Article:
# On some systems you might have to use the two commands below instead of the "chown" above.
    # chown -R www-data /var/local/squirrelmail/attach/ /var/local/squirrelmail/data/
    # chgrp -R www-data /var/local/squirrelmail/attach/ /var/local/squirrelmail/data/

Example for SquirrelMail 1.5.1.

    mkdir -p /var/local/squirrelmail/attach /var/local/squirrelmail/data
    chown -R www-data.www-data /var/local/squirrelmail/attach/ /var/local/squirrelmail/data/
    # On some systems you might have to use the two commands below instead of the "chown" above.
    # chown -R www-data /var/local/squirrelmail/attach/ /var/local/squirrelmail/data/
    # chgrp -R www-data /var/local/squirrelmail/attach/ /var/local/squirrelmail/data/

The configure variables in config/config.php are $data_dir and $attachment_dir. If using the examples above, they should be set to /var/local/squirrelmail/data/ and /var/local/squirrelmail/attach/ respectively.

The second best solution is to keep the directories within the web tree, and deny access to them for anyone who tries to access them directly. Check your web server documentation to learn how to do that.

Cleaning the attachments directory

Usually SquirrelMail removes the attachments from the attachments directory when sending them, but if a user decides not to send the mail and doesn't remove the attachments manually they will be lying around in the attachments directory forever unless the system administrator removes them. While administrators for smaller systems might remove them by hand, it's easier to schedule the task to be done automatically.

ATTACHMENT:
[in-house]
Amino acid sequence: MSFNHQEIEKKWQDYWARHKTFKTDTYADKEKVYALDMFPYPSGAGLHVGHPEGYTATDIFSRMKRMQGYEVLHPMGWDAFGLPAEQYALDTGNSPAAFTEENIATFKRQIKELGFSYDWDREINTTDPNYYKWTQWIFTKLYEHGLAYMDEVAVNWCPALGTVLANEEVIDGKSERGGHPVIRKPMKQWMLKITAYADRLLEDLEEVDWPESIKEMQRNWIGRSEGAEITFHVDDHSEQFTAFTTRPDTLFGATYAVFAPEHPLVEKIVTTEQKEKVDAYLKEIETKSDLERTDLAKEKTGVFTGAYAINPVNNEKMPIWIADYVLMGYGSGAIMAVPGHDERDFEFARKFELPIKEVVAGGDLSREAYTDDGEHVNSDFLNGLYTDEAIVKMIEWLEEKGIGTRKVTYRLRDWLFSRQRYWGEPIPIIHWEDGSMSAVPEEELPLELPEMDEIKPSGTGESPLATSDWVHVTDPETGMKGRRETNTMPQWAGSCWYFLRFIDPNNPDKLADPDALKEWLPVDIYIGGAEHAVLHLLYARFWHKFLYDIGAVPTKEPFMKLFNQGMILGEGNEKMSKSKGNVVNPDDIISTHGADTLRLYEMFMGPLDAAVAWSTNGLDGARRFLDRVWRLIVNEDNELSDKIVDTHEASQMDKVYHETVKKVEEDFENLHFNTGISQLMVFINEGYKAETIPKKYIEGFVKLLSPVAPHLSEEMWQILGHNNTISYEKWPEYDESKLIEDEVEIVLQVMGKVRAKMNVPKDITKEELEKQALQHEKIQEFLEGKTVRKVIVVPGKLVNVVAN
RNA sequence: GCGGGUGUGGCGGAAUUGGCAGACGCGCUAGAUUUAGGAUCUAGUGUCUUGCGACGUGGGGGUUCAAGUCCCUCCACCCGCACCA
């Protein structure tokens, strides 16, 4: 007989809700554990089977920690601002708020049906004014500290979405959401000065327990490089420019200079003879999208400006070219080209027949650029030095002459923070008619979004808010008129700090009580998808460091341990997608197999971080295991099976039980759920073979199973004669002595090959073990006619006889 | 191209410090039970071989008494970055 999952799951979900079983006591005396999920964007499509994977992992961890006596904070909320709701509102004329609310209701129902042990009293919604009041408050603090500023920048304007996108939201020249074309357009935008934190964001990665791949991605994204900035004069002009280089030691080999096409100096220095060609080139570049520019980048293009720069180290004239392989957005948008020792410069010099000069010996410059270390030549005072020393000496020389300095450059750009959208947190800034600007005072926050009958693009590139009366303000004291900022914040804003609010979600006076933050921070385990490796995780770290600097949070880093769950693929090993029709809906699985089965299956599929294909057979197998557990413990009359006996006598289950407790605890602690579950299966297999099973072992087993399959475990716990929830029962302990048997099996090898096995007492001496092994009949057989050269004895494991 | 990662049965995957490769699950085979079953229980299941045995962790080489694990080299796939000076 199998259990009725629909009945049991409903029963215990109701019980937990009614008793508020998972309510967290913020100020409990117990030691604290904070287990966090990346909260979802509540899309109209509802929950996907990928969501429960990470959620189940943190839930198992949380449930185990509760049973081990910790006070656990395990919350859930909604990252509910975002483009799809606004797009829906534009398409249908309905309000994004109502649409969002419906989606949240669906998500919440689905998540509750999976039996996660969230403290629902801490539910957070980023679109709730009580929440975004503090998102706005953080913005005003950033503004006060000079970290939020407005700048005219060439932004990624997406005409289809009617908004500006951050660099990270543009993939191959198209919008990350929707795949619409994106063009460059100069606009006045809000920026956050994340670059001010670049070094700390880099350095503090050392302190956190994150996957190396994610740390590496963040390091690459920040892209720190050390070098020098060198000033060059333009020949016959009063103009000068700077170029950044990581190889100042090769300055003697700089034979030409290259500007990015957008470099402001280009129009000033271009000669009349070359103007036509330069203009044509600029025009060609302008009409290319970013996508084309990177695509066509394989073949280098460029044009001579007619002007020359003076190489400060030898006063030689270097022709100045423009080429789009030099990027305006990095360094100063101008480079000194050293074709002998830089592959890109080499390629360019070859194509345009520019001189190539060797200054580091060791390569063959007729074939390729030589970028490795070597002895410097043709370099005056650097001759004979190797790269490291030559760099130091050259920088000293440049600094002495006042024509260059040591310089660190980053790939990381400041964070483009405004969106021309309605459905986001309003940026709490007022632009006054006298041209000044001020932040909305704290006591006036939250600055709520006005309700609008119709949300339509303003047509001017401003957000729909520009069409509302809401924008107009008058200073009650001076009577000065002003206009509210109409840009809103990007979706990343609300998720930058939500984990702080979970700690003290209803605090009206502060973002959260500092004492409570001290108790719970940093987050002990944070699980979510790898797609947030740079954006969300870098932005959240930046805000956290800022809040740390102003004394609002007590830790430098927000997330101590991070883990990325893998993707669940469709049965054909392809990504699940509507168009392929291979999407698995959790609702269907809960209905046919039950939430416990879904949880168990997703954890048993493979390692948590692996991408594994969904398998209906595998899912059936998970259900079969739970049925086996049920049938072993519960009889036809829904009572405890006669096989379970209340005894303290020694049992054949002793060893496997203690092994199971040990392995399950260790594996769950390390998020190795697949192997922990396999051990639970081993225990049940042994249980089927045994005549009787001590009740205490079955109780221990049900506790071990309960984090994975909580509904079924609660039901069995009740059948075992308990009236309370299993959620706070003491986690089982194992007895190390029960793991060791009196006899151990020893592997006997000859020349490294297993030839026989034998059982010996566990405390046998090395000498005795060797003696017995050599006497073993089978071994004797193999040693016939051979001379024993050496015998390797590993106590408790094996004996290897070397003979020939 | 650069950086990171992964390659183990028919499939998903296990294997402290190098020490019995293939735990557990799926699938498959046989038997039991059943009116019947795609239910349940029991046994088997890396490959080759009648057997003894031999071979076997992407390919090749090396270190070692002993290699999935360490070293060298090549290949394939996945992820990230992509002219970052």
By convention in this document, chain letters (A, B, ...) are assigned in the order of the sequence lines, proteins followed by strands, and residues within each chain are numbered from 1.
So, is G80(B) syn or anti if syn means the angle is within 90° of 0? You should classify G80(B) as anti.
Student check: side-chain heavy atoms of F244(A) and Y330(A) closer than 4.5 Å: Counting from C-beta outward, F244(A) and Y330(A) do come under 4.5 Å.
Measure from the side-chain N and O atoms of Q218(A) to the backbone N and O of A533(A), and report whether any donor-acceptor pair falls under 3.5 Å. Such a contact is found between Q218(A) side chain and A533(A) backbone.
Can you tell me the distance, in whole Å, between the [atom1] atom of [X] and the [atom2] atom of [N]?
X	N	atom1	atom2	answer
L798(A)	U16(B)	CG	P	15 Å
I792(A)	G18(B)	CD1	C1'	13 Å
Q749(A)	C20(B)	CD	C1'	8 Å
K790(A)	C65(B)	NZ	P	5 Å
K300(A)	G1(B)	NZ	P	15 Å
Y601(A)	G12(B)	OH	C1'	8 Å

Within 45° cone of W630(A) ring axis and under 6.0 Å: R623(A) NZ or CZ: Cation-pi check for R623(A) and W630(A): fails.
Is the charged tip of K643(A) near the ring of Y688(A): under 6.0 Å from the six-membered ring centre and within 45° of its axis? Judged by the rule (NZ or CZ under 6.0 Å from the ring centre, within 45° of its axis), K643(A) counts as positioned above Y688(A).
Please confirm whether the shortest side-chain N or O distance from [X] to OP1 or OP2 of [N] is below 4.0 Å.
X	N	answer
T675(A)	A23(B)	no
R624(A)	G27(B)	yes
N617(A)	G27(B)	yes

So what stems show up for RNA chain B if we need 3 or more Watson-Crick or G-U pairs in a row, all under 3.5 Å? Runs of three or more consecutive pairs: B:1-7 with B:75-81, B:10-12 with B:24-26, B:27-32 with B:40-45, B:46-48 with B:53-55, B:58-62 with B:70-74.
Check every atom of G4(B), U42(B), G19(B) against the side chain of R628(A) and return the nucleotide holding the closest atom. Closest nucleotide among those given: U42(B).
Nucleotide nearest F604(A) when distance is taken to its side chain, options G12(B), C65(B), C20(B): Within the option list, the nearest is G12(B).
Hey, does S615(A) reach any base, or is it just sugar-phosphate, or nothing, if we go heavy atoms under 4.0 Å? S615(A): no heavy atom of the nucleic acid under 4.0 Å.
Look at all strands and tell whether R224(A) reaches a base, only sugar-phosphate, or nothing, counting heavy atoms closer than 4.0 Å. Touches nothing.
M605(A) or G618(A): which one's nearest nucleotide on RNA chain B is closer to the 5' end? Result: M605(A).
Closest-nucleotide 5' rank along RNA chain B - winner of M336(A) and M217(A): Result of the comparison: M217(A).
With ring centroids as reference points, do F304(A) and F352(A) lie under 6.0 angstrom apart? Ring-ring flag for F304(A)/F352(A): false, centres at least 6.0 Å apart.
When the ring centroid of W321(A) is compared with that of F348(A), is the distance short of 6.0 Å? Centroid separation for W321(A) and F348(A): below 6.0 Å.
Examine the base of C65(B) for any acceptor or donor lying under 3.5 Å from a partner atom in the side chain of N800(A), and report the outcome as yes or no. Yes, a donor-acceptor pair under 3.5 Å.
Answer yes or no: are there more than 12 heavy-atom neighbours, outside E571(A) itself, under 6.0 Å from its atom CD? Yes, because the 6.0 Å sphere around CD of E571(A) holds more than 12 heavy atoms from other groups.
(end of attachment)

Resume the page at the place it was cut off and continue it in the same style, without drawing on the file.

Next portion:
It's tempting to remove all attachments once per day, but that will also delete the attachments for the end users currently writing mails when the scheduled maintenance is taking place. It's possible to list all attachments that haven't been used in two days with the command:

find /var/local/squirrelmail/attach/ -atime +2

The command above can be extended to a script, doing the actual deleting:

find /var/local/squirrelmail/attach/ -atime +2 -print0 | xargs -0 rm -f

Deleting and excluding any files containing a period or underscore is like this: